New York City, however, is all about riding the Subway, uncomfortably crammed in with complete strangers who sway as one to the mechanical rhythmical combination of both the thrust of the engine and the turning of steel wheels moving on down the railroad track.   When the Subway cars stop, passengers hastily disembark one by one, off the train, onto the station platform.  From that vantage point, they walk, and walk, and walk everywhere.  In my opinion, it is not a journey – both literally and figuratively - for the fainthearted, even for those who live without epilepsy. 

As someone living with epilepsy, one of my significantly challenging experiences on my New York City trip was found on 42nd Street.  My family and I took the Red Line 2/3 train to the Times Square station.  Times Square is one of those places that live up to the “City that Never Sleeps” slogan.  Families with young children, suit-wearing business men and women from out of town, tourists and locals all intermingled on sidewalks and in restaurants in a feeble attempt to take in what is too much to take in.  For instance, Times Square is a glitz and glamour bombardment to the extreme for the senses.  Flashing lights pop up and down in monotonous patterns from billboards, casting unnatural illumination into the night.  For me, the lightshow threw off my entire sense of time and space.   What’s more, and those of us with epilepsy will appreciate this, my medication exacerbates the condition of light sensitivity.  Perhaps you have experienced that burning sensation in your eyes and the beginning of a dull headache due to photosensitivity. 

Now as someone who lives with the unvarying risk of seizures, you can imagine then the difficultly of having to simply endure the flashing, spinning, “disco ball” types of popping illumination.  There was no, absolutely no, respite from this relentless onslaught from unwanted and uncontrollable stimulus.  I think only those of us living with epilepsy would understand what I am writing about.  You are very blessed if your family and friends know of your plight.  From my point of view, it is important that other know what we epileptics go through on a day-to-day basis, as well as during the out-of-the-ordinary times; Times Square, for example.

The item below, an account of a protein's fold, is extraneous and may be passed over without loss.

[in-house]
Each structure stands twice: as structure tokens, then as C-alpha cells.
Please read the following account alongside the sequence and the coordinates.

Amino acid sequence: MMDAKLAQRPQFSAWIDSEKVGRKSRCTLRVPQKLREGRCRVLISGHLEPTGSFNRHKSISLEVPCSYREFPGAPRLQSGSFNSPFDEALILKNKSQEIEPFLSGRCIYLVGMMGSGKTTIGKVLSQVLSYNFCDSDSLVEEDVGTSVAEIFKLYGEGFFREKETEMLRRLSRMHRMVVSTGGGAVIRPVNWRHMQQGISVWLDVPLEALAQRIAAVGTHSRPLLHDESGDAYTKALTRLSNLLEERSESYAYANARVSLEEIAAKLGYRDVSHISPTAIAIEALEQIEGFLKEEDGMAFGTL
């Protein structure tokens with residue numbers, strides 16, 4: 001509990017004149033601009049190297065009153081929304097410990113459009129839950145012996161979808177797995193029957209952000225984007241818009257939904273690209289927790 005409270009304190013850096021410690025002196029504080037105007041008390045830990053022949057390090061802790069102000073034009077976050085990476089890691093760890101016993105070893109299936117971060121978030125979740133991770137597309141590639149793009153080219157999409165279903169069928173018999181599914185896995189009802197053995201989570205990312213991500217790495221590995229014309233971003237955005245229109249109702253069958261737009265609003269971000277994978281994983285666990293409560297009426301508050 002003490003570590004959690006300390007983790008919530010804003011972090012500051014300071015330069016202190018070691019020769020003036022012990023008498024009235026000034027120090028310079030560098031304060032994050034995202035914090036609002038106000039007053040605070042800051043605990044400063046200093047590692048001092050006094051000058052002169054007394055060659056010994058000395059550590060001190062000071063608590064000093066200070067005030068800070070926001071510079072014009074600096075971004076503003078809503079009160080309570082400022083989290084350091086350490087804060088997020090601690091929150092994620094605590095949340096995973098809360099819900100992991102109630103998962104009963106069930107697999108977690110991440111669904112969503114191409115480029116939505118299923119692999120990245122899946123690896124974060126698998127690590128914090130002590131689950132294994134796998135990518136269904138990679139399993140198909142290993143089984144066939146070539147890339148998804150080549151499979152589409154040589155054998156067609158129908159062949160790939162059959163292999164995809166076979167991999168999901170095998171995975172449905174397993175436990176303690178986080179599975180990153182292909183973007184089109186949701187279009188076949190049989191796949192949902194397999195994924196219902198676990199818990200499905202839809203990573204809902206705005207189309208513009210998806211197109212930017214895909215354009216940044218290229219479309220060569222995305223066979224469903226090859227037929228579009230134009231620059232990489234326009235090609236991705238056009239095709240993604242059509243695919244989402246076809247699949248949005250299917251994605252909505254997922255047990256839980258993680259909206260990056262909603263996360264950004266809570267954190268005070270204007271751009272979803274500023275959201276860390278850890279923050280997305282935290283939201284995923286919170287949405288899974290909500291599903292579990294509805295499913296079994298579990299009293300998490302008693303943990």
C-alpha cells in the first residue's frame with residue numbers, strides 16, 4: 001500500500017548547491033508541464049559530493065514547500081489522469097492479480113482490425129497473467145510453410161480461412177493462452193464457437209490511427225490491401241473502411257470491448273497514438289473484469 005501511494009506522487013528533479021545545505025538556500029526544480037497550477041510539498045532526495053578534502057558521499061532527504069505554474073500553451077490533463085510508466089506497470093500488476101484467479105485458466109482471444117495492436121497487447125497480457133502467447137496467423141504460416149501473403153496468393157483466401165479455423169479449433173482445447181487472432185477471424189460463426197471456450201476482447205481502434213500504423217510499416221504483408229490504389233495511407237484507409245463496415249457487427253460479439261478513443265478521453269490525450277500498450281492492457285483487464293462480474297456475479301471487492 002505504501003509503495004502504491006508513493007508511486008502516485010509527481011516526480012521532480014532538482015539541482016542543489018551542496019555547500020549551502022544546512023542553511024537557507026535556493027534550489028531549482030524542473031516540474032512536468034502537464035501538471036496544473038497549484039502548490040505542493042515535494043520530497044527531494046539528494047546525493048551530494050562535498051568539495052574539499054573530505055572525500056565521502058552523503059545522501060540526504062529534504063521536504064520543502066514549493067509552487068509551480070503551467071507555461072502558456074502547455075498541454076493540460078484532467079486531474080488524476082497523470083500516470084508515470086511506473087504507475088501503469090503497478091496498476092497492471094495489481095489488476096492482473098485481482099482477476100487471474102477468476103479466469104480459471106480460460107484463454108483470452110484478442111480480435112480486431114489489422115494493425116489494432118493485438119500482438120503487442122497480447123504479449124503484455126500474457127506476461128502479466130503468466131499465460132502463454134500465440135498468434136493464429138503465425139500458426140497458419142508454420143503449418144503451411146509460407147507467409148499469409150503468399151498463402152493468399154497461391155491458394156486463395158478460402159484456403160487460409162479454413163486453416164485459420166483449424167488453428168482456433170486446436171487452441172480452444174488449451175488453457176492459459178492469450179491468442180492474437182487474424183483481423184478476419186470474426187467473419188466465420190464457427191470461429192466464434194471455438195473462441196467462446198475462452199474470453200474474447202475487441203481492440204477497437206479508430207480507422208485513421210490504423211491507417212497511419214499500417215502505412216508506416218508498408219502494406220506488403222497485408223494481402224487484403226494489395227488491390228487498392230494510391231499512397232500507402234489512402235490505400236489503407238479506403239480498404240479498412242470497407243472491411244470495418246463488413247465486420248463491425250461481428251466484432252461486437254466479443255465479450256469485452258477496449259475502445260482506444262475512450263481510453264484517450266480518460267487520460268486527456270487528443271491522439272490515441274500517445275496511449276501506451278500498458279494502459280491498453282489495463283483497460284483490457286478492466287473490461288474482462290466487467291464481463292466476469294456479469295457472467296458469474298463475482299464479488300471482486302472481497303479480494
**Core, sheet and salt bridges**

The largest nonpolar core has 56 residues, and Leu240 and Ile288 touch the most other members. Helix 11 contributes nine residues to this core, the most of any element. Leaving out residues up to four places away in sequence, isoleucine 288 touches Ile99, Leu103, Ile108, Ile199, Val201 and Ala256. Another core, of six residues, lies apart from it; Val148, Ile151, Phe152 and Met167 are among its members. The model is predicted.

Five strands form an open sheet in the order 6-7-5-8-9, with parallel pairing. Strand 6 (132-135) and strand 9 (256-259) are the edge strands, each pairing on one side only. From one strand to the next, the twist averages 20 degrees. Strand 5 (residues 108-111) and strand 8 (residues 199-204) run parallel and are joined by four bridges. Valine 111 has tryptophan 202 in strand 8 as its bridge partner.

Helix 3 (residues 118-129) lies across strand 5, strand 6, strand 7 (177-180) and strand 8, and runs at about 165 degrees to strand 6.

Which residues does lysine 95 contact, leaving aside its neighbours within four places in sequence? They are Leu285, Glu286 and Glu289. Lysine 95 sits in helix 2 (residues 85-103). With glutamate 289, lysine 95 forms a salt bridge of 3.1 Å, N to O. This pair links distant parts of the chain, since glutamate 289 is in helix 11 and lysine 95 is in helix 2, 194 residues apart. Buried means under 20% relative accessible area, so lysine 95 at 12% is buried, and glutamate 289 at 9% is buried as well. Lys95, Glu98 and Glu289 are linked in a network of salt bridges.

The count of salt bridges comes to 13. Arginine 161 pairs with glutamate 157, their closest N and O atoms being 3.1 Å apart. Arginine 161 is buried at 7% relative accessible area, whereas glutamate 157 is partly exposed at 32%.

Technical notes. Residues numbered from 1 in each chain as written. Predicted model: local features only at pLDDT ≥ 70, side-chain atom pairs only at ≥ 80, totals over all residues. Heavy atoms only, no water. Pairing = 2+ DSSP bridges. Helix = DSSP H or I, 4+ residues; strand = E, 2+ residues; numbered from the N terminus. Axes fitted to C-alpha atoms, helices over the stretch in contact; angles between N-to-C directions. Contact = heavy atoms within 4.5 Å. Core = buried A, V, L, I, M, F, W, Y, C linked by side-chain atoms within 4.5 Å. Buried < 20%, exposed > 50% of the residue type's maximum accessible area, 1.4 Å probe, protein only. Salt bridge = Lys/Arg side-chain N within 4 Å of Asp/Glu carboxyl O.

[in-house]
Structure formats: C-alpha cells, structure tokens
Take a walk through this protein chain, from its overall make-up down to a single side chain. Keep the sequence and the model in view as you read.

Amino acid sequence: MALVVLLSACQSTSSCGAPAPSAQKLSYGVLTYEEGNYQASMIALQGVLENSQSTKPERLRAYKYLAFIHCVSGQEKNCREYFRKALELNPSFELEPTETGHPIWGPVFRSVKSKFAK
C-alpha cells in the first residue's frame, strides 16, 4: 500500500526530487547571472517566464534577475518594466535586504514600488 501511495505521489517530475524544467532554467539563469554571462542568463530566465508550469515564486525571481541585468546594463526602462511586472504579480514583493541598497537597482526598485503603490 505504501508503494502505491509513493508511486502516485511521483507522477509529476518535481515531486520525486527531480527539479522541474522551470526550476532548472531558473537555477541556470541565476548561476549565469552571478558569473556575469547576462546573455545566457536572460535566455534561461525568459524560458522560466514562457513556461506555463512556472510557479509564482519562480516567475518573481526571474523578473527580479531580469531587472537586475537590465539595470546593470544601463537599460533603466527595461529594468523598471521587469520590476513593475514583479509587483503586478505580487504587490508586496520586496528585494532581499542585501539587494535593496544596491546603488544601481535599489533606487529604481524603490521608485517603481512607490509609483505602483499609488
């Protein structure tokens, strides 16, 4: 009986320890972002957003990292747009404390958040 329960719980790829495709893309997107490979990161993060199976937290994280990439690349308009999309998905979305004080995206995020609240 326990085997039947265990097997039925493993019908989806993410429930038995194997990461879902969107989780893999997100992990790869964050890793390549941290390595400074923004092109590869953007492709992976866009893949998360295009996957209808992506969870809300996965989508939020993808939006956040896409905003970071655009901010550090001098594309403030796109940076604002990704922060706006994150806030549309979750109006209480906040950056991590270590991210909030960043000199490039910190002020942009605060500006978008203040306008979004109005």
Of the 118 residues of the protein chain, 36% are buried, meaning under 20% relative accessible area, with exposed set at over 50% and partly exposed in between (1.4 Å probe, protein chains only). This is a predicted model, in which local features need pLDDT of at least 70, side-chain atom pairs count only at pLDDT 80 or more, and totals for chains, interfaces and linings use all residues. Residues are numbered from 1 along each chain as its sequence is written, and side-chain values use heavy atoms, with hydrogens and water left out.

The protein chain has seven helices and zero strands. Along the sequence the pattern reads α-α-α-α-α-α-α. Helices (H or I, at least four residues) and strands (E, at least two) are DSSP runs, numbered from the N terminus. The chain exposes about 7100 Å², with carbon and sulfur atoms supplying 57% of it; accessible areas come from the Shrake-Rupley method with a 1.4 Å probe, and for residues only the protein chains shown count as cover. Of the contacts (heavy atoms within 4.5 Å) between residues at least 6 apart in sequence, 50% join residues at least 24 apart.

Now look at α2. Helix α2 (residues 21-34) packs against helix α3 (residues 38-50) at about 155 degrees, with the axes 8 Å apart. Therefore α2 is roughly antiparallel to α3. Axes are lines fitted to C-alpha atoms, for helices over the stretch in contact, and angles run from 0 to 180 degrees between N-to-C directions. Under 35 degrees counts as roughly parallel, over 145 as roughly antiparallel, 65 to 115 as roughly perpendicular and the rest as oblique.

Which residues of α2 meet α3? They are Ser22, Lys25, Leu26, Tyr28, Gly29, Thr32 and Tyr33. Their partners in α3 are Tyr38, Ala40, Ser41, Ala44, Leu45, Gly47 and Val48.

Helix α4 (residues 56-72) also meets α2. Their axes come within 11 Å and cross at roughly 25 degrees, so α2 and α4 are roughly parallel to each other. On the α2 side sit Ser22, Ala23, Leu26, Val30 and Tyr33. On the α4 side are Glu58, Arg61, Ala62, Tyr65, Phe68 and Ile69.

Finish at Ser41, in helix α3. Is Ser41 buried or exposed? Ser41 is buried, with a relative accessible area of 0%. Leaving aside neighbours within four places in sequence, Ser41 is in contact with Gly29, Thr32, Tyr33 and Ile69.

My family undoubtedly knew that my discomfort was rising at an distressing rate.  When I put on my “Roy Orbison” glasses at 10:30 at night, they got my visible hint that it was time to wrap things up and simply leave the famous attraction.  They cut short their immensely enjoyable time at Times Square just to get me back to the paradoxical “peace and quiet” of the Subway.  As someone living with epilepsy, perhaps you have experienced something similar:  an uncomfortable situation that can trigger a seizure buffered by the loving support of family and good friends.   

In addition to Times Square, one of the highlights of the New York City trip was Broadway.  My spouse was dogged in her attempt to get Phantom of the Opera tickets.  We were rewarded and became the beneficiaries of her willful determination.  In fact, we were in the second row of the historic Majestic Theatre.  From this vantage point, I could see all of the actors’ faces with their vivid expressions that never once waned in fervor during the musical.   It is not surprising that the Phantom’s scarred, realistic facial appearance nonverbally told the mad and sad story of his separation from other people.  

My intense perspective of this event was that I was flooded with powerful, virtually uncontrolled emotions ranging from pity to anger about the Phantom’s plight, which is not unlike our own.  I reflected on our separation as epileptics from others when we face discrimination at work or in school.  I considered too our separation from others even on vacation because we cannot be “normal” however “normal” we are in appearance.  We still cannot partake of what so many others enjoy with seemingly effortless ease, like watching Phantom of the Opera, for example.  In my honest opinion, I was jealous. 

By the way, I still had to wear my dark glasses inside of the dimly lit Majestic Theatre.  When I got strange and scornful looks from strangers concerning my appearance, I wanted so badly to lash out and use that famous New York City line, “What are you lookin’ at?”  Perhaps one day, the stares will not bother me as much as they still do today.  Perhaps one day, I will have reached the point I can use another famous New York City expression – “fugetaboutit.” But I have a long way to go on my epilepsy journey before I get to that point.